MARINElife blog: Condor Ferries (Commodore Goodwill) Portsmouth-Jersey (15th September 2015)

Peter Howlett and Mike Mackay, Research Surveyors for MARINElife

Summary of Weather and Species Recorded

Weather: Wind SW 5, sunny spells but cloud increasing with occasional light showers later.

Marine mammals
Harbour Porpoise Phocoena phocoena 2

Fulmar Fulmarus glacialis 1
Storm Petrel Hydrobates pelagicus 3
Balearic Shearwater Puffinus mauretanicus 41
Manx Shearwater Puffinus puffinus 1
Gannet Morus bassanus 110
Shag Phalacrocorax aristotelis 5
Lesser Black-backed Gull Larus fuscus 20
Great Black-backed Gull Larus marinus 1
Sandwich Tern Sterna sandvicensis 23
'Commic' Tern Sterna hirundo/paradisaea 2

Mike and I met up at Portsmouth shortly after 5pm and were taken promptly to the Commodore Goodwill by the Condor Ferries staff. The food was up to the usual high standard on the Goodwill with an excellent variety of main course and desserts to choose from in the three-course supper.

Balearic SW Peter Howlett 01

Balearic Shearwater, one of the 41 recorded (Peter Howlett)

At this time of year the ship docks in St Helier, Jersey just after sunrise so surveying is only undertaken on the return leg from Jersey to Portsmouth. This makes for a leisurely start and yet more food, in the form of a cooked breakfast. It was a lovely, sunny, if somewhat breezy, morning. Hopes were high that the winds might have pushed some interesting seabirds into the Channel.

As soon as we had cleared St Helier breakwater we were allowed on to the bridge where we were welcomed by Captain Rad Zelazny and we quickly set up the paperwork to get the survey underway. The great thing about the Commodore Goodwill is that she has open bridge wings and with a following wind (meaning the force 5 wind was reduced to a gentle breeze on the wing) and some warm sunshine it was a pleasure to be able to stand outside to survey for the first few hours.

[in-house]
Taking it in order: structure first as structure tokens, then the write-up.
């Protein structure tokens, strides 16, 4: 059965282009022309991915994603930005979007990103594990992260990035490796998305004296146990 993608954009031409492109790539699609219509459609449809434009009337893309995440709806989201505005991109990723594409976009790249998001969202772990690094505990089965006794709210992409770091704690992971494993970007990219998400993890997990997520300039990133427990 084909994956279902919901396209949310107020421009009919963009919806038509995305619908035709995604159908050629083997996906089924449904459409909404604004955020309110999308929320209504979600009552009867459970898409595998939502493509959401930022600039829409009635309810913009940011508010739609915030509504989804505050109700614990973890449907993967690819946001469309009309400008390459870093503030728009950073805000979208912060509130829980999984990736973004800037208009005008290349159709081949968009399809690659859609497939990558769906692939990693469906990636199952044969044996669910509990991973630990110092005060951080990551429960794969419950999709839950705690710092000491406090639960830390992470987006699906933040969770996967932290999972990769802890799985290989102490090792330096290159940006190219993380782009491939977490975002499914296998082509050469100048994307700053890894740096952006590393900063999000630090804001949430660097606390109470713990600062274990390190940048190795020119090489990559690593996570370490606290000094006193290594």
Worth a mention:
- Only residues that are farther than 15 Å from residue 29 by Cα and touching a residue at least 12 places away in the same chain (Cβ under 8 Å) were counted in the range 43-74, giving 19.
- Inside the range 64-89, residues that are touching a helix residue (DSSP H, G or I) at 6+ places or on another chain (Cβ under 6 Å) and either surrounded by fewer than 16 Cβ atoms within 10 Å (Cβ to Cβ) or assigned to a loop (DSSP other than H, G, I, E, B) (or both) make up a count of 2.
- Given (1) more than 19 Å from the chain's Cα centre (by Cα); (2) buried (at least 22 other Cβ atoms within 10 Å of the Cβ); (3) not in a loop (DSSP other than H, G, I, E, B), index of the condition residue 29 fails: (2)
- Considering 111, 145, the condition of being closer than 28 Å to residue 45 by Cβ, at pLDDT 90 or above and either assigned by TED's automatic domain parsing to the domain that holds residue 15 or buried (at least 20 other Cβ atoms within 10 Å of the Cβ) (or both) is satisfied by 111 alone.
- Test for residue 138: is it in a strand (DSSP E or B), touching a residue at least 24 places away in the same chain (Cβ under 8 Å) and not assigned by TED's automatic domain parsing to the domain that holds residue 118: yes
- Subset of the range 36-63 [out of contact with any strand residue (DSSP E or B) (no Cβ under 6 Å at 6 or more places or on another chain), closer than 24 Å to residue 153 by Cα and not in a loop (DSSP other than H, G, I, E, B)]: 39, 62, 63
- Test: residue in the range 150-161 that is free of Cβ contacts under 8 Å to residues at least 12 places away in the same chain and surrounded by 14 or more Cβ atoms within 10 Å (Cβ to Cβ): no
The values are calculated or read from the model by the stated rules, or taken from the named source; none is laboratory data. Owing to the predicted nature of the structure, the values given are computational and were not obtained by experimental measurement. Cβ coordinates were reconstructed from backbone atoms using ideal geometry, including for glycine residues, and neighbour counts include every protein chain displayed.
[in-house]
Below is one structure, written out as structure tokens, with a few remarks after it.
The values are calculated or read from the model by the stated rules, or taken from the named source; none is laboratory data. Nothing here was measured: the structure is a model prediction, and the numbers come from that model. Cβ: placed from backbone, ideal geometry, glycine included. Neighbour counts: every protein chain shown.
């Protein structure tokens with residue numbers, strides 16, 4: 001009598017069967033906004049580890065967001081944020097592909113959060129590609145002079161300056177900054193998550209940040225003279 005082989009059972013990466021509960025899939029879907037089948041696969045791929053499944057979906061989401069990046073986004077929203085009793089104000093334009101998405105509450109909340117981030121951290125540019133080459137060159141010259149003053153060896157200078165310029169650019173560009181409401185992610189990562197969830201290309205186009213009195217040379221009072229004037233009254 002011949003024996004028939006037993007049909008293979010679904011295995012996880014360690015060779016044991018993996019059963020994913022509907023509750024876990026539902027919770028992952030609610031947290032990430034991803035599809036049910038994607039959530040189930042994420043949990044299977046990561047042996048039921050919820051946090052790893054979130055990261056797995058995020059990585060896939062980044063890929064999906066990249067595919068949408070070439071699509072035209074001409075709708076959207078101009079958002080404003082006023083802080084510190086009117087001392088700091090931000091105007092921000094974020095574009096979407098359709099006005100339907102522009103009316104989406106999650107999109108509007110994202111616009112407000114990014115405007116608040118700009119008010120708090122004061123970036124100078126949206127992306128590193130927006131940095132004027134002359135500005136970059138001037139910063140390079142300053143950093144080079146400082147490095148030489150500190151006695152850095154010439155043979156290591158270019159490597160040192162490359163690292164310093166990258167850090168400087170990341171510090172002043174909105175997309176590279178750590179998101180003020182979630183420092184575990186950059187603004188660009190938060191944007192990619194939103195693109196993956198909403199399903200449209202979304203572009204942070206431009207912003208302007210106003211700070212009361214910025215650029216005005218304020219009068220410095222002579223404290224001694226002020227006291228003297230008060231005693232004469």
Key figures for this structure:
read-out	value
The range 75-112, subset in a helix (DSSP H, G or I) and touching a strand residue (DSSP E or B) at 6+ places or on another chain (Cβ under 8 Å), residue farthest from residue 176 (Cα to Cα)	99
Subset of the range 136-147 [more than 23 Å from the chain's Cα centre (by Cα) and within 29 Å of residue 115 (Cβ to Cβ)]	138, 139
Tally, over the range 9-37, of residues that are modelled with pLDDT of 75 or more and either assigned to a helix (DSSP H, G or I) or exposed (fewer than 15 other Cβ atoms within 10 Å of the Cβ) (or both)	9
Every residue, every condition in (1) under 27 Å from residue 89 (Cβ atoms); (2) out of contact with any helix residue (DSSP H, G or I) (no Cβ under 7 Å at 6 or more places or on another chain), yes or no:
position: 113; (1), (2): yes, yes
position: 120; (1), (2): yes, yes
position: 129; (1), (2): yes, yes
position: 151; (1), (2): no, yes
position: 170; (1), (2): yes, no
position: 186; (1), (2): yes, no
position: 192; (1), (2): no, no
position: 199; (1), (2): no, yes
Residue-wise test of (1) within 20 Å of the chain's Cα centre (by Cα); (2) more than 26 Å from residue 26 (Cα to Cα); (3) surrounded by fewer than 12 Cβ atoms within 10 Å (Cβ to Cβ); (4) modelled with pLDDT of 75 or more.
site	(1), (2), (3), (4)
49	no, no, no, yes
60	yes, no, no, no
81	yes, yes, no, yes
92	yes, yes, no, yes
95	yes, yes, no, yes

Things got off to a slow start, with just a handful of Shag passing, but soon picked up once we were north of Jersey and continued until we passed Cap de la Hague. A steady stream of Balearic Shearwater sightings was the highlight, with 41 recorded in all. The seas along the northwest coast of France are a major feeding and moulting area in late summer for this critically endangered species - the world population is a mere 3,000 breeding pairs - so it is always good to record this species on a survey.

Sandwich Tern Peter Howlett 03

Sandwich Tern (Peter Howlett)

It was also great to pick up three Storm Petrel among the Shearwater. Gannet numbers picked up as we neared Alderney and its associated colonies. Sandwich Tern were also a feature of the morning with a steady trickle passing us heading south. Our only cetacean sighting, two Harbour Porpoise, were seen just south of Cap de la Hague.

There was a very noticeable change once we were north of Cap de la Hague when the seabird sightings dried up almost completely. Unfortunately it seems the strong winds overnight had cleared everything out and only a handful of birds were seen across the central area of the Channel. Still all data is useful, even when it is negative. It was not until we neared the Isle of Wight that we picked up a few more Sandwich Tern, with small numbers fishing in the tide race off Sandown Bay. The survey finished just as we turned north at the east end of the Isle of Wight.

Our thanks to Captain Zelazny and his crew for the warm welcome on board and to Condor for their continued support for MARINElife.


Peter Howlett and Mike Mackay, Research Surveyors for MARINElife